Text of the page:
Scientists say the mental health impact of childhood bullying appears to dissipate over the years, suggesting recovery is possible
The negative impacts of bullying in childhood appear to lessen after five years, a new UK study suggests. Research by University College London published in JAMA Psychiatry looked at 11,000 twins over a period of five years through adolescence, exploring the connections between bullying and mental health issues, such as anxiety and depression.
Previous studies have shown that bullied children are more likely to su er mental illness. However, the new study differs by using over 11,000 participants from the Twins Early Development Study (TEDS), meaning that researchers could take environmental influences into account (with the twins growing up together), as well as genetics.
Researchers asked the participants and their parents to complete questionnaires, where at ages 11 and 14 they were asked about “peer victimisation”, and at 11 and 16 were revealing their mental health difficulties. The study found that once they accounted for genetics and environmental factors, there was still evidence of bullying resulting in anxiety, depression, impulsivity and behaviour problems. They noted that while anxiety remained after two years, after five years there wasn’t an effect on any of those mental health issues.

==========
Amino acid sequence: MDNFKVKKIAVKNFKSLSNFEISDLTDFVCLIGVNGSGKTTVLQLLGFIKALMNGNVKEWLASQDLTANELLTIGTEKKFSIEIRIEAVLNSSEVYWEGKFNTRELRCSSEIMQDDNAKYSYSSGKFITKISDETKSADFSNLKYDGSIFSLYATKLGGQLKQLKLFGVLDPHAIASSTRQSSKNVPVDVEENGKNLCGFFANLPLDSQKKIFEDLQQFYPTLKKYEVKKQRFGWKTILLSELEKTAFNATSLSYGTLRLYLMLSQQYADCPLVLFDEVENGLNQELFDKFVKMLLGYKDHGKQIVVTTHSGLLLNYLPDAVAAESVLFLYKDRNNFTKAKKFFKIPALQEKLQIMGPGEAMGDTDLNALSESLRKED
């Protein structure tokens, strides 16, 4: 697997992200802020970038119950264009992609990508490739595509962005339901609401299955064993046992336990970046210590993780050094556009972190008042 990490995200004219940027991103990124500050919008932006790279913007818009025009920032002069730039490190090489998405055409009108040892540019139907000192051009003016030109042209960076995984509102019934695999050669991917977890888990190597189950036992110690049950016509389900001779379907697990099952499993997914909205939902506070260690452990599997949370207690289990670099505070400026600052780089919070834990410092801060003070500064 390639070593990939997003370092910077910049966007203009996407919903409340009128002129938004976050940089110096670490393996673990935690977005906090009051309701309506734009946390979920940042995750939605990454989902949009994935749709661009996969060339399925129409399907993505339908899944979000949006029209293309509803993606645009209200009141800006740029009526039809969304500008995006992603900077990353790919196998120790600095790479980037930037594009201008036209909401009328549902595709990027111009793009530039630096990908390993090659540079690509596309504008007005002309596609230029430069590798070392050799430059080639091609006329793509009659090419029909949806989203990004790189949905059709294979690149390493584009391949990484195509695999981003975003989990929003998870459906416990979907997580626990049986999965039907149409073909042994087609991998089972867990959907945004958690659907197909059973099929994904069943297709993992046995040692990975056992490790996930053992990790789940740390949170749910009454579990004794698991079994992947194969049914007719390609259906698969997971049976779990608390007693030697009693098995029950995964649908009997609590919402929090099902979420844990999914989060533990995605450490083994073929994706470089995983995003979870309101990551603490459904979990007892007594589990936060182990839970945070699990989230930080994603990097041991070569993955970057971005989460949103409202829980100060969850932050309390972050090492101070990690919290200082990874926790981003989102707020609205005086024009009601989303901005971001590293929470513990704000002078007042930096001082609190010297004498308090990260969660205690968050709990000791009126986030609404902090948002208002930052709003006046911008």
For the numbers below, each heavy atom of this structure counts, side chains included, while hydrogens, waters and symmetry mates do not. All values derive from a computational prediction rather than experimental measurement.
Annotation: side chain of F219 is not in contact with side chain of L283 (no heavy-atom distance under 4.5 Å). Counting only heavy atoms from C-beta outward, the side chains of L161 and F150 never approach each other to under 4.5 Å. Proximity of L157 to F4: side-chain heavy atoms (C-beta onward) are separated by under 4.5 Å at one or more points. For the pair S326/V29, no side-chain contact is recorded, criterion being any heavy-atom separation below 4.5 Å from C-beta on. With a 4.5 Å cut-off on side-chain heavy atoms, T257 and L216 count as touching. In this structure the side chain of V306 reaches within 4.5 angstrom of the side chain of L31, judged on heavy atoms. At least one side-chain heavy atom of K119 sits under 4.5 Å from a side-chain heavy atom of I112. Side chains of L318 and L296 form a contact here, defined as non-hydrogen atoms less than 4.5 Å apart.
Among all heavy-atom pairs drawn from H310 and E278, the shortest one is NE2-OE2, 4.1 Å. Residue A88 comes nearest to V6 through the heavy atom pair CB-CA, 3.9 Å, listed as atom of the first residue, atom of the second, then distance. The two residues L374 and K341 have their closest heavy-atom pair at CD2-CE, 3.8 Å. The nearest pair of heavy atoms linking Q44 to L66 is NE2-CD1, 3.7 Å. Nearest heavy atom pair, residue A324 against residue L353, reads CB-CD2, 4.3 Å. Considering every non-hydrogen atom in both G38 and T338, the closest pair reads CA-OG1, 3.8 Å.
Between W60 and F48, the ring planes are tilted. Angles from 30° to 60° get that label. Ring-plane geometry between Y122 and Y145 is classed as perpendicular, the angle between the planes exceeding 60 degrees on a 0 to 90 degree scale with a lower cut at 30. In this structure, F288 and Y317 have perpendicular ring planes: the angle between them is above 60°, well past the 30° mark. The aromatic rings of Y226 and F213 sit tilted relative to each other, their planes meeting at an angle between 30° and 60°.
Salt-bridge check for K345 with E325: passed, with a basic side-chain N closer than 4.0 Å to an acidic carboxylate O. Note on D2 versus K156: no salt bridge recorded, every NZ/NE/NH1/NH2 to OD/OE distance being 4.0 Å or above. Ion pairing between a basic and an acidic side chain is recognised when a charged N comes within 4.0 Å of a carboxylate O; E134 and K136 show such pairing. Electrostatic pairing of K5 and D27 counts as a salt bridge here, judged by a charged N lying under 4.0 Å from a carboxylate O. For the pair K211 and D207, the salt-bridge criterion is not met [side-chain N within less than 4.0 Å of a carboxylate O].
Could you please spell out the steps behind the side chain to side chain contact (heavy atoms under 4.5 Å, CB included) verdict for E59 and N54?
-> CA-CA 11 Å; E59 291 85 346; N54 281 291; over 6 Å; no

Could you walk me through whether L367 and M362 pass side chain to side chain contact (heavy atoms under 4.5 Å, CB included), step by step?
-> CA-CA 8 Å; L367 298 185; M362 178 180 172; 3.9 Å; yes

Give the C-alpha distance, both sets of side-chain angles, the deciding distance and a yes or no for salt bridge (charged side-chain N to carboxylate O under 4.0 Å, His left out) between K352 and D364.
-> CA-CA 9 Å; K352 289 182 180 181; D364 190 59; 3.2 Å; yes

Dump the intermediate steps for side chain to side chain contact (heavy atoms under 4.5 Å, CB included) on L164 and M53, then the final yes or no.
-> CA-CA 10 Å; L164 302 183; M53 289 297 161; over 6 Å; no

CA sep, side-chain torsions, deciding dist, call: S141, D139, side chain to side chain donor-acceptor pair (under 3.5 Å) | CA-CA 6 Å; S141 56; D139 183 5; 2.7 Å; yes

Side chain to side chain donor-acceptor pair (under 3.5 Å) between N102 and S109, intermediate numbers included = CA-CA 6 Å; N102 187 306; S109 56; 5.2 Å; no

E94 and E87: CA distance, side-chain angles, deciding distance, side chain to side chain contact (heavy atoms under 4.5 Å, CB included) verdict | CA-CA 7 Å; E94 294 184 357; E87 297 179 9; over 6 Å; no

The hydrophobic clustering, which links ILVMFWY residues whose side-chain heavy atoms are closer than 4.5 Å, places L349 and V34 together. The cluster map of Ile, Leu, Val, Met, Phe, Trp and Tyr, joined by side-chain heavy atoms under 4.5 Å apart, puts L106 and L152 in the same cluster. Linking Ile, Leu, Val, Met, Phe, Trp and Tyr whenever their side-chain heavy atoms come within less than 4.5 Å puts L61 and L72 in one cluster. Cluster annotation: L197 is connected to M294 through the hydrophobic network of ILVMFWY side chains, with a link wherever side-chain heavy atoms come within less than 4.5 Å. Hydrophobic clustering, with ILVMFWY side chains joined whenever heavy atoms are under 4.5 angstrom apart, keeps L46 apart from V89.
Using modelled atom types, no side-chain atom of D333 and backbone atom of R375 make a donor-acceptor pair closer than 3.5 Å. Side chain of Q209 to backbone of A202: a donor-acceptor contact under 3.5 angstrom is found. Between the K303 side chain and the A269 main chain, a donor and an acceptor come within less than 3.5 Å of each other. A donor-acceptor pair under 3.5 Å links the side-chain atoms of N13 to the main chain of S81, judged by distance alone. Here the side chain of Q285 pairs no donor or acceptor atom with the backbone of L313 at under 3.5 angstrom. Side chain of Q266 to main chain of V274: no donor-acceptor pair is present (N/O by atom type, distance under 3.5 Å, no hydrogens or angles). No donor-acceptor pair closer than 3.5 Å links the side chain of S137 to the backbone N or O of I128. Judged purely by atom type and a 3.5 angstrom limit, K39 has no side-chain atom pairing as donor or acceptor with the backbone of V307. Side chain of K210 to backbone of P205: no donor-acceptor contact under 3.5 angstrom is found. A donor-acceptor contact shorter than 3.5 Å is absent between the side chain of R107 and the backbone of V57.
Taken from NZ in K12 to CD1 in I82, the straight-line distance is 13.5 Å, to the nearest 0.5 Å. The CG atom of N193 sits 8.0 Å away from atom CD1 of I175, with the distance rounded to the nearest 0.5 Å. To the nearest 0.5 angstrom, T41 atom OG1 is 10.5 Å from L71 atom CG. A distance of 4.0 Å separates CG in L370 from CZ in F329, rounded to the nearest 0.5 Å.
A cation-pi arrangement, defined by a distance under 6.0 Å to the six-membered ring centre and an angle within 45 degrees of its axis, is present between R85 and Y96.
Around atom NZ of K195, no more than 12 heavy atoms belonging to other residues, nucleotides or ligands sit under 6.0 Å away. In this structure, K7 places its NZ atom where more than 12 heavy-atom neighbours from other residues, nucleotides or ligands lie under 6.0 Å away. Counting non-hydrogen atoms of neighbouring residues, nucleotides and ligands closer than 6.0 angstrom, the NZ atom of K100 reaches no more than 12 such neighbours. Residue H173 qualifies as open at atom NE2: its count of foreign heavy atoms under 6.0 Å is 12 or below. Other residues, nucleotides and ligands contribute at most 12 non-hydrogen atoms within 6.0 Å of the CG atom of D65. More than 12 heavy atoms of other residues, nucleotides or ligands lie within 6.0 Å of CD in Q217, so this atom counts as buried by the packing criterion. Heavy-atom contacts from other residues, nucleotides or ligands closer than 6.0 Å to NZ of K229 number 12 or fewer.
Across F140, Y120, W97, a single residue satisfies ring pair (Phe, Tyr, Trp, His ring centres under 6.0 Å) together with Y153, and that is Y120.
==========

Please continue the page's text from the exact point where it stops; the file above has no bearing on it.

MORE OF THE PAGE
Study author, Dr Pingault, said: “While our findings show that being bullied leads to detrimental mental health outcomes, they also offer a message of hope by highlighting the potential for resilience.”
While it’s good news that children can recover from the detrimental impact bullying can have on mental health, it’s still important that schools tackle bullying head-on. Bernadka Dubicka, from the Royal College of Psychiatrists, noted: “It is vital that schools have whole-school bullying approaches to help tackle this problem, and also that we can provide adequate mental health services to support young people when they are in distress.”